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DR. JACOBF. WHITING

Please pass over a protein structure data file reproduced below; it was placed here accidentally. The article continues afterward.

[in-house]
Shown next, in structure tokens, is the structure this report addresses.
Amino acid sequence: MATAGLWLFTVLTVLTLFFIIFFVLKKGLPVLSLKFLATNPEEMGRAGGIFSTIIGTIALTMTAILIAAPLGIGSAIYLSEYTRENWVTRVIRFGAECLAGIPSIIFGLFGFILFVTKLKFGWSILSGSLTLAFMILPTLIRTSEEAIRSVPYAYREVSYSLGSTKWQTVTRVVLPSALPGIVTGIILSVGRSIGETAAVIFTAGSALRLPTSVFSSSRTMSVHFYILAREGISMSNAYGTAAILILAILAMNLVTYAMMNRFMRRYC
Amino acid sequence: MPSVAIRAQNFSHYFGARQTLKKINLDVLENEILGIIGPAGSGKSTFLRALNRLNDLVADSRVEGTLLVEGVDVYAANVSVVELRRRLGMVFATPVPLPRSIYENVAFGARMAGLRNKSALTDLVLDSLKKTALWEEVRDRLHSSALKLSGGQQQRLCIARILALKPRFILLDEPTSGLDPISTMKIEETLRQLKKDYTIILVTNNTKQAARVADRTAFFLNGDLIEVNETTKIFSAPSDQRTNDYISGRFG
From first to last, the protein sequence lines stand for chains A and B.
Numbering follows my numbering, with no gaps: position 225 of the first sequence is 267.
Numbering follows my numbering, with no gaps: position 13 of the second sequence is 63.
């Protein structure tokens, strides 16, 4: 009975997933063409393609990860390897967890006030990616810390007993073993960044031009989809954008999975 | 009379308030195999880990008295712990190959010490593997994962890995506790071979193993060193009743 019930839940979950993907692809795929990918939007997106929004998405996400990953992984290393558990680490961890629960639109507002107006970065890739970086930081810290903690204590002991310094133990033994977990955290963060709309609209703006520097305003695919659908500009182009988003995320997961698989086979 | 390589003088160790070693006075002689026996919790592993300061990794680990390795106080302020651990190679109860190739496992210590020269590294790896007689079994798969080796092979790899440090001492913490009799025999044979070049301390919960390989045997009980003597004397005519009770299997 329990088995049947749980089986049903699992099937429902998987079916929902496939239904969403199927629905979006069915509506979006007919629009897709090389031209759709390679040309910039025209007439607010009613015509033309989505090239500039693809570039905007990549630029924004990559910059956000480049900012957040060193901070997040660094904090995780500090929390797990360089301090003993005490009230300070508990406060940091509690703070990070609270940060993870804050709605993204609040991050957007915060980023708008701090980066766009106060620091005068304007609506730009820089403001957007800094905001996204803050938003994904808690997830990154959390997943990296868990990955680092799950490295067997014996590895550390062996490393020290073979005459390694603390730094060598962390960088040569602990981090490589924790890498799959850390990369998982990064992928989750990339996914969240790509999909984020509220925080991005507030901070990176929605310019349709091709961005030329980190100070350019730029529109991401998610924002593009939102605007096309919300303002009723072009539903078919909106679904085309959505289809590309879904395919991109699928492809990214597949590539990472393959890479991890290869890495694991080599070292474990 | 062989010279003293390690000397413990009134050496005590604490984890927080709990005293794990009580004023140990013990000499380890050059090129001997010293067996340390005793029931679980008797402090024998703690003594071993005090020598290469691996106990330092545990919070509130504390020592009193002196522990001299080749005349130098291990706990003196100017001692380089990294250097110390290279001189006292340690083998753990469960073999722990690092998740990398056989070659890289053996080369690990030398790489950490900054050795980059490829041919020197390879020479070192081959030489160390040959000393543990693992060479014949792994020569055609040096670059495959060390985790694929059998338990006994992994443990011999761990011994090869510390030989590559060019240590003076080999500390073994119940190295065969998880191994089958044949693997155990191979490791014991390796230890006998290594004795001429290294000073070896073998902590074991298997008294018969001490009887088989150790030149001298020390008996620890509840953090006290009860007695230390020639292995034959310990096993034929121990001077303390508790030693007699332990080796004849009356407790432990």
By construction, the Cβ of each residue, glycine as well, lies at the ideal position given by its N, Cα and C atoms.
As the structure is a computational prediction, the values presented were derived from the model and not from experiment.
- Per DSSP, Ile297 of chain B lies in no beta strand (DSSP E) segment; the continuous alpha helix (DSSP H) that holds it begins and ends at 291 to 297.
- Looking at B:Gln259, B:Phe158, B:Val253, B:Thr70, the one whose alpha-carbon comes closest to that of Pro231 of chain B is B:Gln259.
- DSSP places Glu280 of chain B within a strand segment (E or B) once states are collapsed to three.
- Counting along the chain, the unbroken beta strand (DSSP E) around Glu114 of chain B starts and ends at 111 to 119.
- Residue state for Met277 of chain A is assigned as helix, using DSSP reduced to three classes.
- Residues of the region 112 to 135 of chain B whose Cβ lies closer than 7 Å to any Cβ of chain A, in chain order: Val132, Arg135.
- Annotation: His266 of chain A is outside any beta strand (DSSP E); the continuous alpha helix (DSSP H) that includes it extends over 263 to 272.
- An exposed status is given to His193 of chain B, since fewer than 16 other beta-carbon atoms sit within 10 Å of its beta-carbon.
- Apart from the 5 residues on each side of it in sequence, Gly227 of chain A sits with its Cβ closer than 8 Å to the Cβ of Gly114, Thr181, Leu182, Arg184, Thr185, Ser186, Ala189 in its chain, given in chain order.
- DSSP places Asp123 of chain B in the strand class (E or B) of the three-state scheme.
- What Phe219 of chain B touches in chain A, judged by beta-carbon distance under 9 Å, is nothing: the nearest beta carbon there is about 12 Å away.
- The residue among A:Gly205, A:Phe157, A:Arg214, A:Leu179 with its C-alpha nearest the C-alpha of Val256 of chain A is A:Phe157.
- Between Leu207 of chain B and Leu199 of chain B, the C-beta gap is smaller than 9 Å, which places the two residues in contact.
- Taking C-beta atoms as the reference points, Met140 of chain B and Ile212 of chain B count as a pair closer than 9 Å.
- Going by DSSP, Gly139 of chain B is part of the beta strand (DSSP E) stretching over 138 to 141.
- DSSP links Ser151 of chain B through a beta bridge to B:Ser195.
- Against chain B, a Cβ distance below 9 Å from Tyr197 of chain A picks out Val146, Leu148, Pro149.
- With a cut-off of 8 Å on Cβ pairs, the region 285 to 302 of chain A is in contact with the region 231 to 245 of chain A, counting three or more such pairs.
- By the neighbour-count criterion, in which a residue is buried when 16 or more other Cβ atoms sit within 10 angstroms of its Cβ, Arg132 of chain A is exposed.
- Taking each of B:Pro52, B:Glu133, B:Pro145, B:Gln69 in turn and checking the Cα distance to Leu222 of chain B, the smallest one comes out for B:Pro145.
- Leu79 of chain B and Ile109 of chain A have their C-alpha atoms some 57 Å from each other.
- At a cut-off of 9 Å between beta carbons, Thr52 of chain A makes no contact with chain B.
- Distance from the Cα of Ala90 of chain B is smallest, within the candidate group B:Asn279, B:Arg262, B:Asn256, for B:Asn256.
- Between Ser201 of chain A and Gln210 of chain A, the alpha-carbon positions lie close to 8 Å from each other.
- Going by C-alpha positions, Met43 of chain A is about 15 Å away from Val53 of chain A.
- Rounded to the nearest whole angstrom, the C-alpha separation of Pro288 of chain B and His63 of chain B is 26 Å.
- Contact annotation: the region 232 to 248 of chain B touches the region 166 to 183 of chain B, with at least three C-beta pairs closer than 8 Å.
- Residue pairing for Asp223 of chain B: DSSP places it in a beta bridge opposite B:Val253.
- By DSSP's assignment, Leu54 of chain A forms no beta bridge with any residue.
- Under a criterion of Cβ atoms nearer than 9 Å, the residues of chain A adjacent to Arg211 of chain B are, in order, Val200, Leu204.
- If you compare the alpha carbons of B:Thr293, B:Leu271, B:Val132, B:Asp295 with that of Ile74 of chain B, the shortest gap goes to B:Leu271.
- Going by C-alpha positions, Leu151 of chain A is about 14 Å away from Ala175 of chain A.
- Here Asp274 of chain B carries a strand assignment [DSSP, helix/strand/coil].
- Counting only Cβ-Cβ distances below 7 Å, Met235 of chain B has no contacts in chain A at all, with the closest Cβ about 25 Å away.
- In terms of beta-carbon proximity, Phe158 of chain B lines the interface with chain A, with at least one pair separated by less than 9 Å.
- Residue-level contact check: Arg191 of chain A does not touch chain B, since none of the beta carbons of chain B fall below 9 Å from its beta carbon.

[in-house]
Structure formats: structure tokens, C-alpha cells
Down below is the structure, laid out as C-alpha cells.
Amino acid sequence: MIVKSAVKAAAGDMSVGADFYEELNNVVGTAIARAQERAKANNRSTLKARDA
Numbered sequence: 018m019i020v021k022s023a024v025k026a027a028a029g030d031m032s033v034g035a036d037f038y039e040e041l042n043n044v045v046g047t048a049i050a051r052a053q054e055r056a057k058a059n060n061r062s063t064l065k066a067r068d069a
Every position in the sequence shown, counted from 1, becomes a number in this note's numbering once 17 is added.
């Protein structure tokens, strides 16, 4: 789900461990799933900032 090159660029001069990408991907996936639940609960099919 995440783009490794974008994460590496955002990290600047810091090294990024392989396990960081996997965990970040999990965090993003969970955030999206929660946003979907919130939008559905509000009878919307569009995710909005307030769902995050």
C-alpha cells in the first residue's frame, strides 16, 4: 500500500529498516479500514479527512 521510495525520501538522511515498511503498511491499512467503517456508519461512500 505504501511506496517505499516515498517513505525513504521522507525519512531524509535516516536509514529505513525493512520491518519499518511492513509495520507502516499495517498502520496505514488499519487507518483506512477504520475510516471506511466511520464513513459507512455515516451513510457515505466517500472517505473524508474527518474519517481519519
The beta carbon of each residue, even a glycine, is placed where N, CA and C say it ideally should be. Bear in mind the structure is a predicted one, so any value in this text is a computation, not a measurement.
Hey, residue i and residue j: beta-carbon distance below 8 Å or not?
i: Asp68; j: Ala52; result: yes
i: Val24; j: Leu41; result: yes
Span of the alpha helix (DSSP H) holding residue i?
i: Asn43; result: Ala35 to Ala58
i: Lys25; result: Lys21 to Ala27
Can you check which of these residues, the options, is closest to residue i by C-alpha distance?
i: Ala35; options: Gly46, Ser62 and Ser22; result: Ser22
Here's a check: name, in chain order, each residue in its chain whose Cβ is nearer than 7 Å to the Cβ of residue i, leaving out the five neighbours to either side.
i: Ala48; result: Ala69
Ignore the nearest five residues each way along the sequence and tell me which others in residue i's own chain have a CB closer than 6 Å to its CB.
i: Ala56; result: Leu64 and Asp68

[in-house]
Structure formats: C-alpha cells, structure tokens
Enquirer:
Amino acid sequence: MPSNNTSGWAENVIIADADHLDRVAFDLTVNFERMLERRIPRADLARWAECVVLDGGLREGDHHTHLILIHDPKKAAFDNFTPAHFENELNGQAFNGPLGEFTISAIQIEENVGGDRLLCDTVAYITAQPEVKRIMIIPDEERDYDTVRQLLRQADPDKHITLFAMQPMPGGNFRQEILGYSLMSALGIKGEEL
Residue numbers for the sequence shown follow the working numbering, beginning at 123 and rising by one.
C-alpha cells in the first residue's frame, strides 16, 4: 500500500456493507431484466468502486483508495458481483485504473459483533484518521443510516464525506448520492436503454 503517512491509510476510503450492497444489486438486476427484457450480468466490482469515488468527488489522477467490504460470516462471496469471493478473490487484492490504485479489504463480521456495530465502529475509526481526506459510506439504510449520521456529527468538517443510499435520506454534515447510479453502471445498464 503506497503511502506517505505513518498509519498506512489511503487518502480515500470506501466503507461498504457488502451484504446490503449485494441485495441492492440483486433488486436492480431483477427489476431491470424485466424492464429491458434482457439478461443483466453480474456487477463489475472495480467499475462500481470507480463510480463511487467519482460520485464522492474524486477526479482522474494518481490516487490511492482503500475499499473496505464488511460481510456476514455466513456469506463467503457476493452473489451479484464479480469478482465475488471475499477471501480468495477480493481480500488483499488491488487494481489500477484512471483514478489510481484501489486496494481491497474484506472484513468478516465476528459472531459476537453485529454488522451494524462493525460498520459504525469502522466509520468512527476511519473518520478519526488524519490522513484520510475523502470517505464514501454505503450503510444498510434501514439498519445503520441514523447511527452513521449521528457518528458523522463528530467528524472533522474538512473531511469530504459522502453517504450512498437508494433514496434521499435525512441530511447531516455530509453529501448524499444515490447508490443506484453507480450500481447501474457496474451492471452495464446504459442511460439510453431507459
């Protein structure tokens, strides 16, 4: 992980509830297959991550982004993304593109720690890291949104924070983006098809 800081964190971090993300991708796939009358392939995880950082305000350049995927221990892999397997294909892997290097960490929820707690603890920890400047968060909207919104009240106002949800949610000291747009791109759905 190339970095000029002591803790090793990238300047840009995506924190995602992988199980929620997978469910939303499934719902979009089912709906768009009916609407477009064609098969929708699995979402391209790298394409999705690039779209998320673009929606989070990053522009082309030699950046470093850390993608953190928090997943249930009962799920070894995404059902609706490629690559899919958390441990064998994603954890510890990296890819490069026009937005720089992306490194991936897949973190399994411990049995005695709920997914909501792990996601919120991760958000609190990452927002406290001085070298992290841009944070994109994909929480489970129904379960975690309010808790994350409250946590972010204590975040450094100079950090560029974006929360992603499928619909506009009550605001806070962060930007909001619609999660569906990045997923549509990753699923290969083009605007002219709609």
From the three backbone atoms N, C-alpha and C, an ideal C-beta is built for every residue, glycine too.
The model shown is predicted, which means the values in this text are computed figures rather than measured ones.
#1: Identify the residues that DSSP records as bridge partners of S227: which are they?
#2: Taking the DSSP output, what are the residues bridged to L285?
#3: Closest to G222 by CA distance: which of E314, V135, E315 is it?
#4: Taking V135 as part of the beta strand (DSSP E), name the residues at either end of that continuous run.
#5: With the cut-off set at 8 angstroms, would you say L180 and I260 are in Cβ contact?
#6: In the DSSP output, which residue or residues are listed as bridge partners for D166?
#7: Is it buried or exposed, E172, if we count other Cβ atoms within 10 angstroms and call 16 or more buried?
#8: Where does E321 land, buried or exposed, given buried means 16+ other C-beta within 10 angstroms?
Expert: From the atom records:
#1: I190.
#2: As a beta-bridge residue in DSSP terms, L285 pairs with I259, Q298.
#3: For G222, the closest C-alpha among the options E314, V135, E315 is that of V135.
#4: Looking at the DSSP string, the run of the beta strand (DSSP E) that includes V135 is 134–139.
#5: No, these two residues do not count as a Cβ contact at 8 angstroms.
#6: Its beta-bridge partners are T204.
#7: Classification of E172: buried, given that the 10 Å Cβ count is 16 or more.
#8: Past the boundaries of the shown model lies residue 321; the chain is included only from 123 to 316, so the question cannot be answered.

A Skilled and Beloved Medical Practi- tioner Passes Into the Rea ms of Everlasting Rest. Relief of Suffering Constituted Life Work of This Kindly, Whole- Souled Philanthropist. Brief mention was made in last week's issue of the death of Dr. J. F. Whiting, which occurred on the even ing of the 13th inst. at the family resi dence in Spencer Brook. The doctor had contracted a severe cold which developed into pneumonia and termi nated fatally. The funeral was held from the M. E. church at Spencer Brook Sunday afternoon. The building could not contain half the people who came from far and near to pay their last tribute to he whom in life they loved so well. Rev. Mr. Galbraith deliv ered an eloquent and touching dis course. Large delegations of Ma sons. Knights of Pythias, Pythian Sisters, and Odd Fellows were pres ent from Princeton. The services at the grave in the Nichols cemetery were under the auspices of the Masands sonic fraternity. It was the largest attended funeral ever held in western Isanti county. Jacob Francis Whiting was born at Bangor, Maine, Sept. 24, 1844. At the age of four years he moved with his parents to Boston, where he re sided for 12 years. In 1860 the family moved to Oconto, Wis., where on Sept. 1st, 1865, he was married to Miss Emma Lewis. Four children weie born to this unionIsabel Mar ion, Henry Wilson, Anna Caroline and Jennie Francesall of whom are left to mourn with and comfort the loved mother and wife. Shortly after his marriage Mr. Whiting decided to study medicine and he graduated from Ann Arbor in 1879. He began to practice his pro fession at Merrill, Wis., and remained there until 1883 when he located at Spencer Brook, where he has ever since resided. In 1897 he took a post graduate course at Chicago. He met with good success during bis twenty four years' practice at Spencer Brook. Dr. Whiting was a whole-souled, genial man ever ready to go to any length to serve his friends. No night was ever too dark or no road ever too long to cause him to fail to re spond to the call of the sick and dis tressed. The ailment that resulted in his death was contracted in the dis charge of his professional duties in inclement weather. He was a kind father and husband, a good neighbor and a loyal friend. He will be sadly missed. DR. JACOB F. WHITING. [A Commemorative Review by Dr Oooney He is not dead this friendnot dead, But in the path we mortals tread Got some few faltering steps ahead And nearer to the endJ' & For the first time the ranks of the Central Minnesota Medical society has been invaded by death. In the selection of his victim, the grim reaper grasped with unfeeling hands and refrom moved from our midst one who hasG. endeared himself to us all by his many irtues. One of the most active and enthusiastic organizers of this so cietyand its late presidentDr. acob F. Whiting. An empty chair in the family circle is alwajs a sad reminder of the un-attract certainty of life, and a source of pro found sorrow, but, when death claims the life of a benefactor of the human race in the full vigor of his manhood, and in the zenith of his usefulness it must be regarded in the light of a public calamity. His whole profes sional career has been characterized by an unselfish devotion to his call ing. For twenty-nine years he wasan permitted to practice his profession, for which he possessed an inborn nat ural aptitude, and which he loved dearly. We shall henceforth miss his genial smile and his words of wisdom and encouragement. The eye that penetrated the mystery of disease and fathomed the depths of the human heart has been dimmed by death, and the hand that wielded the scalpel with confidence and accuracy is forever at rest. The lips that uttered words of cheer, hope, and comfort in the sick room are silenced, never to speak again. We, his nearest and dearest friends, have sustained a loss in his death which Time, the healer of most human woes, can not repair. In Spencer Brook, where Dr. Whit ing had practiced for a quarter of a century, his diligence, pleasing per sonality and his tender devotion to the sick gained for him a large gen eral practice and in this locality he ?Z? leaves a host of truly sorrowing friends. Social distinction and wealth had no charms for him. The height of his ambition was to serve the sick, to add his liberal share towards the progress and improvement of the healing art. His attitude toward his patients and his colleagues was open and frank. He encouraged the young practitioners by word and deed and in illness and distress of any kind came willingly to the relief of his colleagues, near or far, whenever his counsel was solic ited. He had no conception of the value of money when called upon for his professional services or for finan cial aid. The former were always willingly rendered regardless of pe cuniary reward, and the latter was never refused so long as he had a dollar in his pocket. Death to an ambitious, useful man always comes too soon. He did all his strength and limitation of time permitted and he Who in life battle firm doth stand Shall bear hope's tender blossoms into the silent land OF NO VALUE. Ore-Bearing Sands Give an Insufficient Percentage of Metal. In order to ascertain whether any value attached to the iron-bearing found upon his farm and in the surrounding territory, R. W. Freer sent a sample to E. H. Bass of Min neapolis for the purpose of analysis, and following is that gentleman's re ply: I have examined the sample, and will say that there is not anywhere near enough iron in it to make it commercially valuable. At present, and also for many years to come, an iron ore will have to contain at least 50 per cent iron to be of value. Most of the ores mined at present contains 60 per cent iron, and an ore to con tain 50 to 60 per cent iron must be almost wholly iron oxide. Now this sample is almost all sand. "There may cornea time in the far future, when iron will be extracted from sand by concentration. This concentrate, you understand, is the magnetic iron oxide which must be smelted (with difficulty too) to pro duce metallic iron. But when this time comes there are vast areas of sea beach sand which will be used nrst, both because of its nigher lion contents and the ease with which it could be handled. I therefore say that your sand is of no value whatever for the iron it may contain and do not think it would be worth while to have it as sayed for iron." SETTLED OUT OF COURT. Attorney McMillan Succeeds in Obtaining Snug Sum lor His Client. Through the instrumentality of At torney McMillan an important dam age suit was last week settled without recourse to hearing in court. The action was brought by Theresa A. Swart of Pease to recover damages for injuries sustained by being pre cipitated from a train at Pease sta tion while endeavoring to alight from said train on August 18, 1906. At Pease there is no platform other than that utilized for loading milk, and upon the occasion at issue the coach in which Mrs. Swart was trav eling was at a considerable distance this platform. The train was a A. R. excursion and was excep tionally long. At the point where the coach occupied by Mrs. Swart stopped there was a steep grade which brought the lowest step about four feet from the ground. She was unable to alight without assistance and made effort to the attention of some one to render such assistance. As she stood upon the steps the train started with out warning and threw her upon the track. From being thus precipitated she sustained severe in]uries. Mr. McMillan, after a long contro versy, eventually succeeded in getting the railroad company to acknowledge its liability and to pay to the claimant amount satisfactory to her. The sum paid over was a large one. Designing Dogs. An unusual sight was witnessed at the depot on Tuesday evening, when six dogs of every conceivable breed engaged in combat on L. N. Grow's dray. The scrimmage had the ap pearance of being premeditated, for five dogs simultaneously leaped upon the dray and commenced attack upon Mr. Grow's bird dog, which is always on guard. So fierce grew the fray that two or three men had all they could do to part the dogs and throw them from the dray. Even then one dog, more hostile than the rest, leaped back upon the dray again as it left for town and continued to fight until the court house block was reached, when it was vanquished by the Grow dog and pushed off onto the street. Dogs know a thing or two. all right. They just envied that Grow dog thegive free rides it is getting and entered into a conspiracy to wind up its career. o- R. C. DUNN, Publisher. Terms $1.00 Per Tear. PRINCETON, MILLE LACS COUNTY,-MINNESOTA, THURSDAY, FEBRUARY 21, 1907. public highways 91 TRUE STATE DEVELOPMENT measure that was prejudicial to the interests of any part of St. Louis county. St. Louis county is part and parcel of the great state of Minnesota and is entitled to as much considera tion as any other county of the state. The Bjorge bill leaves St. Louis county and the minor political subdi visions thereof in exactly the same condition they are at present so far as the taxation of mineral lands is con cerned. The bill does not in any manner interfere with the direct valu ation taxes paid by the owners of min eral land and producing mines. It simply provides for the payment oia state tax of five cents per ton on all ore mined in the state in lieu of all other state taxes. The bill, we believe, is constitu tional, and if any litigation should ensue it would not affect the direct valuation tax. The tonnage tax might be declared void but the direct valuation tax would stand, hence the range towns of St. Louis county have nothing to fear from the passage of the Bjorge bill. ance, $1,125,000, judiciously applied highways under state supervision, would in the course of a decade or two us the best system of roads of any state in the Union. There is nothing complicated or Means the Improvement of the Public Highways and Reclamation of the Vast Areas of State's Swamp Lands. The Bjorge Tonnage Tax Ril Provides the Means for the Accomplishment of These Highly Beneficial Results. Annexed hereto is the bill intro duced in the legislature by Hon. H. O. is meritorious pleasure. The carry Bjorge of Becker county which pro vides for a tax of five cents per ton on the benefit of every county of the state all iron ore mined within the state, anc future generations will bless the the proceeds of which tax is to be de- memory of the men who placed such a voted to the drainage of state swamp beneficent law upon the statute books. lands and the improvement,^ of the Undoubtedly there will be an effort the state-10 per cent for drainage and 9 0 per cent for public highways. The text of tie bill published herewith is altogether dif ferent from the original bill intro duced by Mr. Bjorge. We believe this is a fair measurefair to the iron companies, fair to St. Louis county and fair to the state. The Union would not for a moment champion a impracticable in the Bjorge bill. It ing out of its provisions will inure to made i a tnnag cent for drainage and 90 ner cent for w. _f .o_ ,.._._ VT ta traw The Union does not now and never has favored a purely tonnage tax. Such a tax would work an in justice to the range towns sooner or later, no matter what proportion of the tonnage tax was refunded to the towns. Because there would come years when ore would not be mined in certain districts and there would be no taxes to refund in those districts. For the protection of the range towns the direct valuation tax must be main tained. The bill is fair to the mining com panies. A five cent per ton tax is not exorbitant. With a five cent per toncontaining tax for state purposes on producing mines in addition to the direct valua tion tax for local purposes the rate will not be more than the average rate of taxation on other classes of prop erty throughout the state. The pro posal to fix a tonnage tax at 25 cents per ton is absurd. No court in Chris tendom would sustain such a taxit would be confiscatory. To what better use could the pro ceeds of a tonnage tax be devoted 0 ge than to the improvement of our public forward a semi-annual report in writ- highways and the reclamation of the *cg" state's swamp lands? Supposing OK e\m\ f\e\n 4. it **lJ 2o,000,000 tons aremined annually, a -u state auditor may prescribe, contain tax of five cents per ton would pro duce $1,250,000, of which, under the provisions of the bill, $125,000 would are in active operation be expended in reclaiming the swamp lands of the state until such time as they were all reclaimed, and the bal- to the improvement of our public located. 4. The number of acres contained in such mine or mines. 5. iron S&4&m&lLv2gk 0 schf)ol main go tain that the tonnage tam should go into the general revenue fund and thu| do away with a direct tax for state purposes. The increase in the taxes paid by railroads, insurance companies and other corporations to gether with the inheritance tax will practically provide sufficient revenue to meet the requirements of the state. In any event a tax of one-half mill for state revenue is a mere bagatelle. "State development" can be summed up in two wordsG OOD ROADS. Gentlemen of the legislature: There is no bill that will come before you at Bjorge bill hereto annexed should not be a single vote recorded against it in either branch of the leg islature. Its enactment and the suc cessful carrying out of its provisions will directly benefit every interest and every section of the state. Section 2. It shall be the duty of every person, firm, company, associa tion or corporation owning or operat ing any iron mine or mines upon any lands within this state, to make and th^stssion .of one-tench the ijnpor- ic/l&e remedy herein provided the tance to the people of the state as the yrcate treasurer may, in his discretion There Section 1. Every person, firm, com pany, association or corporation en gaged in mining, smelting or working iron ore in this state, or owning or operating any iron mine or mines upon any lands within this state, shall be subject to, and pay into the state treasury at the time and the manner hereinafter provided, a tax of five (5) cents for each and every ton of iron ore mined upon such lands each ton to be estimated as containing two thousand two hundred forty (2,240) pounds. Said tax, when paid, shall be in lieu of all other taxes that may be levied and assessed for all state purposes upon the ore as personal property, and upon the forty (40) acre tract or lot, being the smallest gov ernment sub-division, from which such iron ore is actually mined provided, that all buildings, machinery or sur face improvements located upon lands active iron mines, and all government sub-divisions of forty acre tracts or lots upon which there are no open and active iron mines, shall be exempt from the provisions of this act, and shall be valued, assessed and taxed for all purposes as pro vided in chapter eleven of the Revised Laws of Minnesota relating to tax ation. to state auditor, on or before eaunyyear, 111 suuii as Mu the first da of August anivruif FebrH ary of each year, in such form as the ing the following facts: 1. Name of the mine or mines that 2. The name or names of the owner or owners or operators thereof. 3. The exact government descrip tion of the forty acre tracts or lots upo which such mine or mines are The exact ore which have been mined or tracts or lots as hereinbefore de scribed, for the six months ending June 30th, and December 31st next preceding the date of such report. Said report shall be verified by the oath of the person or the president, secretary, superintendent, treasurer or managing agent of the firm, company, association or corporation making and forwarding the same. Section 3. Upon the receipt by the state auditor of such report, as pro vided in the preceding section of this act, he shall enter the amount of taxes then due tbereon in his books and draw his draft upon such person, firm, company, association or corporation for the amount of taxes due and place the same in the hands of the state treasurer for collection. Section 4. The state auditor shall promptly give notice to the party or parties against whom such draft is drawn, and payment shall be due thereon on or before the first day of September and of March of each year and on failure to make such paymen or to make return5 of the number of tons of mined, and the whole thereof at the timtwenty-five an a u"DiCUX',iron au me mannert ""ore Uliut and in the mannet fco per cen in this acqtu provided, a penalty in an ea 0UIl ro imposed, to devote thei proceeds tc* of the taxes herein imposed shall be or i other purposes. The school fund does not need replenishing. That fund will eventually reach gigantic proportions the state auditor estimates it at $100,- 000,00,0. While we are building school houses it would not be a bad idea to provide roads upon which children can 2^^**?' *^T^ added to and collected with such tax and if the delinquency in making pay ment and in making report, as herein provided, shall continue for thirty days, the state treasurer shall fix the amount of such tax, together with the penalties herein provided, upon the best evidence he can obtain and enter the amount of such tax and penalties in the books of his office. Such entry by the state treasurer shall stand in the place of the report required by law to be made by such person, firm, company, association or corporation, and shall, in all the courts of the state, for all purposes, be conclusive evidence of the facts therein stated. The certificate of the state treasurer that such tax is due and unpaid from any such person, firm, company, as sociation or corporation, and of the amount thereof, and of such penalty, shall be sufficient warrant for the state treasurer to proceed to enforce col lection of said tax and penalties, by sale or seizure of the iron ore the prod ucts of such iron mines to satisfy the payment of the same. And in addition Drin an action in the district court of any county in this state for the amount of such taxes and penalties. Section 5. The state treasurer shall be the collector of all taxes due under the provisions of this act. He maymeeting appoint one or more deputies to assist him in such collection, and may take such bond and security from such deputies as he deems necessary for his indemnity, and shall in all cases, be liable and accountable for their pro ceedings and misconduct. Section 6. Ail iron ore in stock piles, cars or ore docks at the time when this act goes into effect shall be subject to the tonnage tax as herein provided. Section 7. Any person, or the president, secretary, superintendent, treasurer or managing agent of any firm, company, association or corpo ration owning or operating any iron mine or mines in this state, who shall make or sign, under oath, any false return of the number of tons of iron ore mined or extracted or who shall submit any other false information required by section two of this act, shall be guilty of perjury and upon conviction thereof shall be punished therefor as provided by law. Section 8. The account books re lating to or used in the transaction of the business of any person, firm, com pany, association or corporation own ing or operating any iron mine or mines in this state, shall, on demand of the state auditor or his authorized deputy, be open to his inspection or examination. If any such person, or the president, superintendent, treas urer, secretary or managing agent or person having charge of said books of such person, firm, company, associa tion or corporation, shall neglect or refuse to give, on demand, to the state auditor or his authorized deputy access to the books aforesaid, he or they shall be guilty of a misdemeanor, and upon conviction thereof shall be punished therefor as provided by law. Section 9. All moneys paid into the state treasury under the provisions of this act shall be credited to two sep arated funds as follows: one-tenth shall be credited to the state drainage fund and the remaining nine-tenths shall be credited to the road and bridge fund, and shall be used and expended as provided by law. Section 10. All acts or parts of acts inconsistent with the provisions of number of tons of this act are hereby repealed. Section 11. This act shall take ef- extracted from each of the separate feet and b^jj^jpr.ce from and after its passage. -J.**J *s a &.*..< YOLUME XXXI. NO. 9 TEACHERS^MEE Convention of Mille Lacs County As- sociation Held in High School Building on Saturday. Program One of Most Interesting Ever Presented and Attendance is Highly Satisfactory. The meeting of the Mille Lacs Teachers' association held in the high school assembly room on Saturday was largely attended, seventy-six teachers and many visitors being present. Milaea sent a full delega tion of instructors. The forenoon session was opened with prayer by Rev. J. W. Heard and was devoted to the business of the as sociation. Superintendent Austin, Princeton, was elected president for the ensuing year Chas. Heilig, Bock, vice president Caroline Engebretson, Milaea, secretary. Chas. Heilig and Misses Tompkins and Edwards were appointed a program committee for the next convention, which will prob ably be held on Saturday, May 4, in Milaea. S. W. Gilpin, superintendent of St. Louis county, has already been selected as one of the speakers for this meeting. No better committee could have been selected than that in charge of the program and no better posted man than Professor Gilpin to deliver an address. At the afternoon session the pro gram, as advertised, was carried out as near as possible. Hon. H. R. Mallette, however, was unavoidably absent. Superintendent Palmer of the Mil aea high school delivered an address which was replete with sensible points and suggestions. The address was highly approved by the teachers and visitors. Superintendent Austin of the Prince ton schools is a gentleman who is ever ready to lend a helping hand where soever aid is needed in any worthy cause, and especially so along educa tional lines. His address to the teachers was one from which they could not fail to gather much useful information. Mr. Austin is nighly learned on matters pertaining to edu cational methods. This has been with him almost a lifetime study and teach ers who take his advice cannot go far amiss. Miss Sellhorn demonstrated to the what an up-to-date geography class should be. She showed that her pupils have had splendid training and that they were especially good on rec itation work. Miss Sellhorn's efforts are highly commendable. Mrs. H. C. Cooney, in her inimit able style, sang two pretty selections. She was accompanied on the piano by Mrs. Ben Soule. Miss Peterson of the Princeton high school recited "The Old Red Cradle" and in so doing demonstrated her ability as an elocutionist of the first order. She was accompanied on the piano by Miss Thompson. The Apollo Male Quartet sang one number, and, in response to a hearty encore, rendered a comical selection which brought down the house. This ended the day's proceedings. FIRE AT LONG SIDING. Long Mercantile Company's Store and Contents Totally Destroyed. The store of the Long Mercantile company, with its contents, was to tally destroyed by fire at about mid night on Tuesday. The furniture of B. F. Reems, who lived above the store, was also burned. How the fire started is not known, but it is supposed to have originated from a defective chimney. As Mr. Reems'wife was away on a visit he was temporarily boarding and room ing at a house about a mile and a half from the store and knew nothing of the fire until the building was in ruins. A loss of several thousand dollars is entailed, partially covered by in surance. Mr. Reems carried an in surance of $450 on his furniture in Guy Swing's agency. He valued the furniture in $1,000. Question of Validity of Agreement Sjoblom Bros, have filed complaint against James F. Sullivan of the Riverside hotel seeking to enjoin him from conducting a saloon upon the premises now occupied by him. This action is brought upon the grounds that an agreement exists which pre cludes the establishment of a saloon on the premises at issue. The hear ing to determine whether an injunction shall issue will come up in St. Cloud on Saturday.*. Has a Real Good Time. A woman has a real good time shopping unless she buys something. New York Press.